Episode 48 of the EdTech TV Podcast visits “older” technology that may not get a highlight as often in the days where there’s a new toy to play with every week. Also: a brief review of Google Certification.
Revisiting Old Tech – NoRedInk, Vocabulary.com, Kahoot
There’s a lot of great technology out there that can help students, but that often don’t get mentioned because it’s not the newest or the shiniest thing to play with. In the future, I hope to spend more time featuring some of these stalwarts of EdTech. Today I’m focusing on some of the tools that are in my own field, but can easily be adapted to help students understand content across a wide variety of fields.
NoRedInk is an online platform that helps students improve their grammar and writing skills by helping them build confidence through relevant content and instant feedback. Check out the intro video here:
Vocabulary.com serves a pretty obvious function – to help people build their vocabulary. What many might skip over is how robust the site is. Take a look at this overview, and consider having your students work on their own to build personalized vocabulary lists in your field.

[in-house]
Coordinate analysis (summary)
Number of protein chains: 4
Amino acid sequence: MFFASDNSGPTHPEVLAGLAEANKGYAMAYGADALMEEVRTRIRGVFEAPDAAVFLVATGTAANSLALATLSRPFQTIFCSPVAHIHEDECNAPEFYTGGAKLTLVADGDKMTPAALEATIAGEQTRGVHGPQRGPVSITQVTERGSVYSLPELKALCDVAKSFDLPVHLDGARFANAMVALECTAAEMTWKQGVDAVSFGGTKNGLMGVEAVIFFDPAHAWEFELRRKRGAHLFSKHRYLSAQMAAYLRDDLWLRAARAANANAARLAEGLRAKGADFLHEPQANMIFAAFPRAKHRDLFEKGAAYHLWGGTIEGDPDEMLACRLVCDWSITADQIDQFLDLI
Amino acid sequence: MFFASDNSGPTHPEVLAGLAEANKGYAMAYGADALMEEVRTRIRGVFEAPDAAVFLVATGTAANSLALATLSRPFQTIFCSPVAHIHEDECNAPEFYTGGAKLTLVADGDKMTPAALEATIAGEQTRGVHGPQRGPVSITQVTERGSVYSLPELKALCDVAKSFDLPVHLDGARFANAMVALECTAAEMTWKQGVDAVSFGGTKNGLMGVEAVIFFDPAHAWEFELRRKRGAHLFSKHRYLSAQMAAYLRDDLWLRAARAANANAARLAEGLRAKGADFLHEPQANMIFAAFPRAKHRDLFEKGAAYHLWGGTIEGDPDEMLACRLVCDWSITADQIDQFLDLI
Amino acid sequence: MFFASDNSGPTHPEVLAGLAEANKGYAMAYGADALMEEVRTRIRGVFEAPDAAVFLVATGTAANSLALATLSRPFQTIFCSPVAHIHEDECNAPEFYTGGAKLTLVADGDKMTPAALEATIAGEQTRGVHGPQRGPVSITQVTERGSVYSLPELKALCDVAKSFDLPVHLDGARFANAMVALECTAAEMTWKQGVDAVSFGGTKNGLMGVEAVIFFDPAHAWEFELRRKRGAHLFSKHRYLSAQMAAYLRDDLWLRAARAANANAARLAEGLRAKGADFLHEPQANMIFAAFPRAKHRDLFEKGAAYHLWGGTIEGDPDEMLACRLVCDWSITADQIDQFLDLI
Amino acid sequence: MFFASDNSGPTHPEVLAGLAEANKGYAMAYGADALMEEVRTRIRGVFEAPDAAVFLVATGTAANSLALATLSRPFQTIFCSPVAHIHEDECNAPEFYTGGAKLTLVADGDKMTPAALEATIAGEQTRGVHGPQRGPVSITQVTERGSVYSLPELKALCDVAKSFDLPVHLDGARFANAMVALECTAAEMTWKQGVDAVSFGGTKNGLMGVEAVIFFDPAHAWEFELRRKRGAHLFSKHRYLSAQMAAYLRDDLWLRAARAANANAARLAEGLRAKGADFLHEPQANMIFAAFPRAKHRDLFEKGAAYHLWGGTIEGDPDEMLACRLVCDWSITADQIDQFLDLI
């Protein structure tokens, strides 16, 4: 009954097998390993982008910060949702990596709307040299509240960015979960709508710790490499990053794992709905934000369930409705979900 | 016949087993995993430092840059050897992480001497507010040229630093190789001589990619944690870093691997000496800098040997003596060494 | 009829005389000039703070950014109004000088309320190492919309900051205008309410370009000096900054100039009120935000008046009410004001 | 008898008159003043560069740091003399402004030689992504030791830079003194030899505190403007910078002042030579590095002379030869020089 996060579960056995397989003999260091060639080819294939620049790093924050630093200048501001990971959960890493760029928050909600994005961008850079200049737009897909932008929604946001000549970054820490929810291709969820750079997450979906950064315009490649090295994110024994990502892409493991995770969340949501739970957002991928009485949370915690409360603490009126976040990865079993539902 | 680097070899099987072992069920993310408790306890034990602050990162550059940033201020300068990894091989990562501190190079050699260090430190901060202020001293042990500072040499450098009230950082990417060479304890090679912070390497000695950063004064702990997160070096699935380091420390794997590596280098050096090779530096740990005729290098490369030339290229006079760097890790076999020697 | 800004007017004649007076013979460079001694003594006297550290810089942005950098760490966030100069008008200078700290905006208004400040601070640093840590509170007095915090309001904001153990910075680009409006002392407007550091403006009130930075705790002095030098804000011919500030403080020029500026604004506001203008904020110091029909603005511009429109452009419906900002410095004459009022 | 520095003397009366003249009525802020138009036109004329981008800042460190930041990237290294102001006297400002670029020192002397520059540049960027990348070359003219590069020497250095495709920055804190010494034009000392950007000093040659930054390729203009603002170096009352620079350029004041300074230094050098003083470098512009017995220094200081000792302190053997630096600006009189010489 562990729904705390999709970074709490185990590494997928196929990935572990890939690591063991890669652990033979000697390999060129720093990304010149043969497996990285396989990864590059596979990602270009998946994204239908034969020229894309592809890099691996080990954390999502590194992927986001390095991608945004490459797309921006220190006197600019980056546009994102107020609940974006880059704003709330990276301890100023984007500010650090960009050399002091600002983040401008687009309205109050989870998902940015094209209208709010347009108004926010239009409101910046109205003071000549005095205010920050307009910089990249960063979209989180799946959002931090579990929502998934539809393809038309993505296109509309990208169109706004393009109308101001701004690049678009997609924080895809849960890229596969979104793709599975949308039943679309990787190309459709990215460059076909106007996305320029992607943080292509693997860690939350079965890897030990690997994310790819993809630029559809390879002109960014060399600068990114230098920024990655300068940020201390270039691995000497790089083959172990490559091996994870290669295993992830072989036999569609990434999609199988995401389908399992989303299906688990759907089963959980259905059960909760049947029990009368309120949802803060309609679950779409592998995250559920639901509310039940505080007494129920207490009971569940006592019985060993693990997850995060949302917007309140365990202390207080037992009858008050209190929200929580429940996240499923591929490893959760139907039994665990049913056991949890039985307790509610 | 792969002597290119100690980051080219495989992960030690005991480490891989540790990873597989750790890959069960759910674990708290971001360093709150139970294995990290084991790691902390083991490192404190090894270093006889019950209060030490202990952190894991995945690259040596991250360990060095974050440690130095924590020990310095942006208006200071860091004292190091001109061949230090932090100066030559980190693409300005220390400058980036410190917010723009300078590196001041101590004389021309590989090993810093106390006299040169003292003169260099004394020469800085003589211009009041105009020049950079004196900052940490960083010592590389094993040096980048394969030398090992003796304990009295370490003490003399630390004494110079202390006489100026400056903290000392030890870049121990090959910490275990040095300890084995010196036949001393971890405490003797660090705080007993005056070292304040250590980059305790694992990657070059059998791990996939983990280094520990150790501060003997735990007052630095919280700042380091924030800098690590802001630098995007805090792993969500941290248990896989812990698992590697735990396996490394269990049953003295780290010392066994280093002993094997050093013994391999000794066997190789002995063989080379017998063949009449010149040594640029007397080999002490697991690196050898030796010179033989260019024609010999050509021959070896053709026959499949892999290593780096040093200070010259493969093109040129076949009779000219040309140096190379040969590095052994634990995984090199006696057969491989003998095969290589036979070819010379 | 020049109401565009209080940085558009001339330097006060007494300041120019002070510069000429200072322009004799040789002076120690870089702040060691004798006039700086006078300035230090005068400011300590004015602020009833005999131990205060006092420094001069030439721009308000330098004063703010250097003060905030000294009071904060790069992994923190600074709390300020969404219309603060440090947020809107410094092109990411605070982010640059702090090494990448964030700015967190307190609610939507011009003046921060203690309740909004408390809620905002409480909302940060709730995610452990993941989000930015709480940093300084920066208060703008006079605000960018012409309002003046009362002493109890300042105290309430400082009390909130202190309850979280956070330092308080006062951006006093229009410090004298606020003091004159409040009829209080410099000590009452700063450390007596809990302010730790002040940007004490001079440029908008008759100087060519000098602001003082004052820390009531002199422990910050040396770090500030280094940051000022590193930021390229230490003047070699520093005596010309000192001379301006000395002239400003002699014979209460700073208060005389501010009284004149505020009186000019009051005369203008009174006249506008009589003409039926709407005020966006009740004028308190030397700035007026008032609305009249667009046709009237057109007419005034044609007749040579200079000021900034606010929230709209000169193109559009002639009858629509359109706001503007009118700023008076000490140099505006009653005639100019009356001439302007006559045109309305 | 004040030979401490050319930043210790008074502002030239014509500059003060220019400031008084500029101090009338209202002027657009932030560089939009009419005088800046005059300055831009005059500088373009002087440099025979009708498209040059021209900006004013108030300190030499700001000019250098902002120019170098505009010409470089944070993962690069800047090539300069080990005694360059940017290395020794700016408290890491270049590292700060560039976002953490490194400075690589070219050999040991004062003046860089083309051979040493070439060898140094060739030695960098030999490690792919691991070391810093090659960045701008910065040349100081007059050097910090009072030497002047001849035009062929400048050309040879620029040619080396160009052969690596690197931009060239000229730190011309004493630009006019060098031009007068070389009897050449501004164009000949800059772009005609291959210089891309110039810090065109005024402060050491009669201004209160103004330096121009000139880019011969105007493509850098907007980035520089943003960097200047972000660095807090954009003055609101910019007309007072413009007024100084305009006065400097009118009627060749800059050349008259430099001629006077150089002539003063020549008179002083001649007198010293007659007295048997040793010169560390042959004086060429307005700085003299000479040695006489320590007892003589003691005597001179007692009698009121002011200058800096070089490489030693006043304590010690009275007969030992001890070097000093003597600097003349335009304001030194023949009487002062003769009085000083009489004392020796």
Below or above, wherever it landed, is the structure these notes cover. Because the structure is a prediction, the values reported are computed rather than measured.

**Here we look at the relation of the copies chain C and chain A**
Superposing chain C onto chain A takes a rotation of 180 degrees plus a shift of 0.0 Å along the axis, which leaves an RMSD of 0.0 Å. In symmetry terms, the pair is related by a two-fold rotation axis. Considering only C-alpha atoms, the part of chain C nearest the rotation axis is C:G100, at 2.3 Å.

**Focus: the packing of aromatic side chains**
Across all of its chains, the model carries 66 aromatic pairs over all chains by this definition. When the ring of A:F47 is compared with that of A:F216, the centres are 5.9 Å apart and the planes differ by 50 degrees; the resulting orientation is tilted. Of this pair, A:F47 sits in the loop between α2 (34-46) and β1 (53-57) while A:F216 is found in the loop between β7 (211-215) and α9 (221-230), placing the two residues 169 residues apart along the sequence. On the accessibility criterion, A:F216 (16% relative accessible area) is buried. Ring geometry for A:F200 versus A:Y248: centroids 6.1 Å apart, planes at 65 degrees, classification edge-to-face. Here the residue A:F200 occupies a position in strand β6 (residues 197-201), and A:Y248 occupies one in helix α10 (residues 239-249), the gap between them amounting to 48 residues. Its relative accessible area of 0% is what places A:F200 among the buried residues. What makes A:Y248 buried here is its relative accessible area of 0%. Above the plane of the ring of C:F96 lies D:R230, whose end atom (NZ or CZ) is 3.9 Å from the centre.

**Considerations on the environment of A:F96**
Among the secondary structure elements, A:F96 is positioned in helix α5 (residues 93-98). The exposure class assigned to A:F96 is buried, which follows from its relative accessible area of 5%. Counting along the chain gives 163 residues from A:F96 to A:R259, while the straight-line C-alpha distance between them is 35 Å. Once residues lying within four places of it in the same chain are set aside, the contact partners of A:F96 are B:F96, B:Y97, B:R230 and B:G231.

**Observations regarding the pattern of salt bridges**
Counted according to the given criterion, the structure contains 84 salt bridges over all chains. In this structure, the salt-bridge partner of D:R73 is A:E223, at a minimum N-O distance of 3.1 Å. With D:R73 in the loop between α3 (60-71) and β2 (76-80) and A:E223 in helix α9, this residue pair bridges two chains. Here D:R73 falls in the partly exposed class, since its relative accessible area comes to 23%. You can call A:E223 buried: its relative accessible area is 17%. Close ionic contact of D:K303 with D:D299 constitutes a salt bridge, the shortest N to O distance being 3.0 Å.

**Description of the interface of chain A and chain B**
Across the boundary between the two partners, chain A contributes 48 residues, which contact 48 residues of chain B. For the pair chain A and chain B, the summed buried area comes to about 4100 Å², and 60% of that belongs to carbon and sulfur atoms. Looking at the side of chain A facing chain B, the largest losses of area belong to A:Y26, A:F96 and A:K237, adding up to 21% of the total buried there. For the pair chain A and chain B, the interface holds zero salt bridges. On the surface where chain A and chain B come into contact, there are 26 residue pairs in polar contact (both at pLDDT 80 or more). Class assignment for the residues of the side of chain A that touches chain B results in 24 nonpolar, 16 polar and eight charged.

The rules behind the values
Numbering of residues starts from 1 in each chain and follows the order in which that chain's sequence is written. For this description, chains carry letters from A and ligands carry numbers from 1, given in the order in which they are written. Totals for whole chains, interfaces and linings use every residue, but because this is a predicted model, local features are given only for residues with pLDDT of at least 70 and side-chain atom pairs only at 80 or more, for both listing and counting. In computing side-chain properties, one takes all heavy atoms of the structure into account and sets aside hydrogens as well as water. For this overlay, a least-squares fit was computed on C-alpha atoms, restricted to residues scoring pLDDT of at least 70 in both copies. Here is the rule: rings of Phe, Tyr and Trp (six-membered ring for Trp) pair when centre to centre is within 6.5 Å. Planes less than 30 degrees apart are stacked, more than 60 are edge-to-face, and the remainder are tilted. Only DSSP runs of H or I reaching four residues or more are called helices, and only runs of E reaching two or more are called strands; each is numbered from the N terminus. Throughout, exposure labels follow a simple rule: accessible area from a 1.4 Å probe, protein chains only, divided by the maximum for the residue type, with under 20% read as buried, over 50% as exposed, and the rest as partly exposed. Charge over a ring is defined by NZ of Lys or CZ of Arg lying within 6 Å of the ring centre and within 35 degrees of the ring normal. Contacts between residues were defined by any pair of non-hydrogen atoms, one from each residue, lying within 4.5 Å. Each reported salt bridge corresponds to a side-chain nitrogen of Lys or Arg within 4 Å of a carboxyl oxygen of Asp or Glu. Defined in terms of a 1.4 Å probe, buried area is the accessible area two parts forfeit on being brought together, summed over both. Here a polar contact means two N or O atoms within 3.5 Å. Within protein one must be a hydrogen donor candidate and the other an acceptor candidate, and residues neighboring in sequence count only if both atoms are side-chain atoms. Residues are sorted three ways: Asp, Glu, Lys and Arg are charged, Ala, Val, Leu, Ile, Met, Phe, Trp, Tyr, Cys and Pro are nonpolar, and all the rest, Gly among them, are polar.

Kahoot is not quite old, but it is well known, and is often dismissed too casually by teachers who are looking for the latest and the greatest. Consider keeping Kahoot in the toolbox for regular access. It’s engaging for the students, and keeps them on task.
Check out my previous post about Kahoot:
Google Certified Educator
I recently went through the Google Certified Educator’s program through the Google for Education Training Center I was certified for Level 1 and Level 2:
Believe it or not, I never bothered to get Google Certified before. The training on Google’s site was awful, but the test itself was pretty cool and useful. Not a lot of new info if you’ve been working with GAFE/GSuiteEdu for a while, but a couple of worthwhile nuggets. They’re still trying to push G+, which is… Well… Regardless, I’ll give #2 a try next
Certification is a worthwhile pursuit, but it’s worth knowing that if you already consider yourself fairly tech-savvy, that it may not contain a lot of new information for you. On the other hand, it’s a good way to show that you have developed a skillset, and you can use that skillset to specifically better the practices in your classroom and at your school site.
I prefer small binder clips like these that can hold together papers for one assignment for a single class. Color coding the binder clips for different purposes can save a lot of time and effort.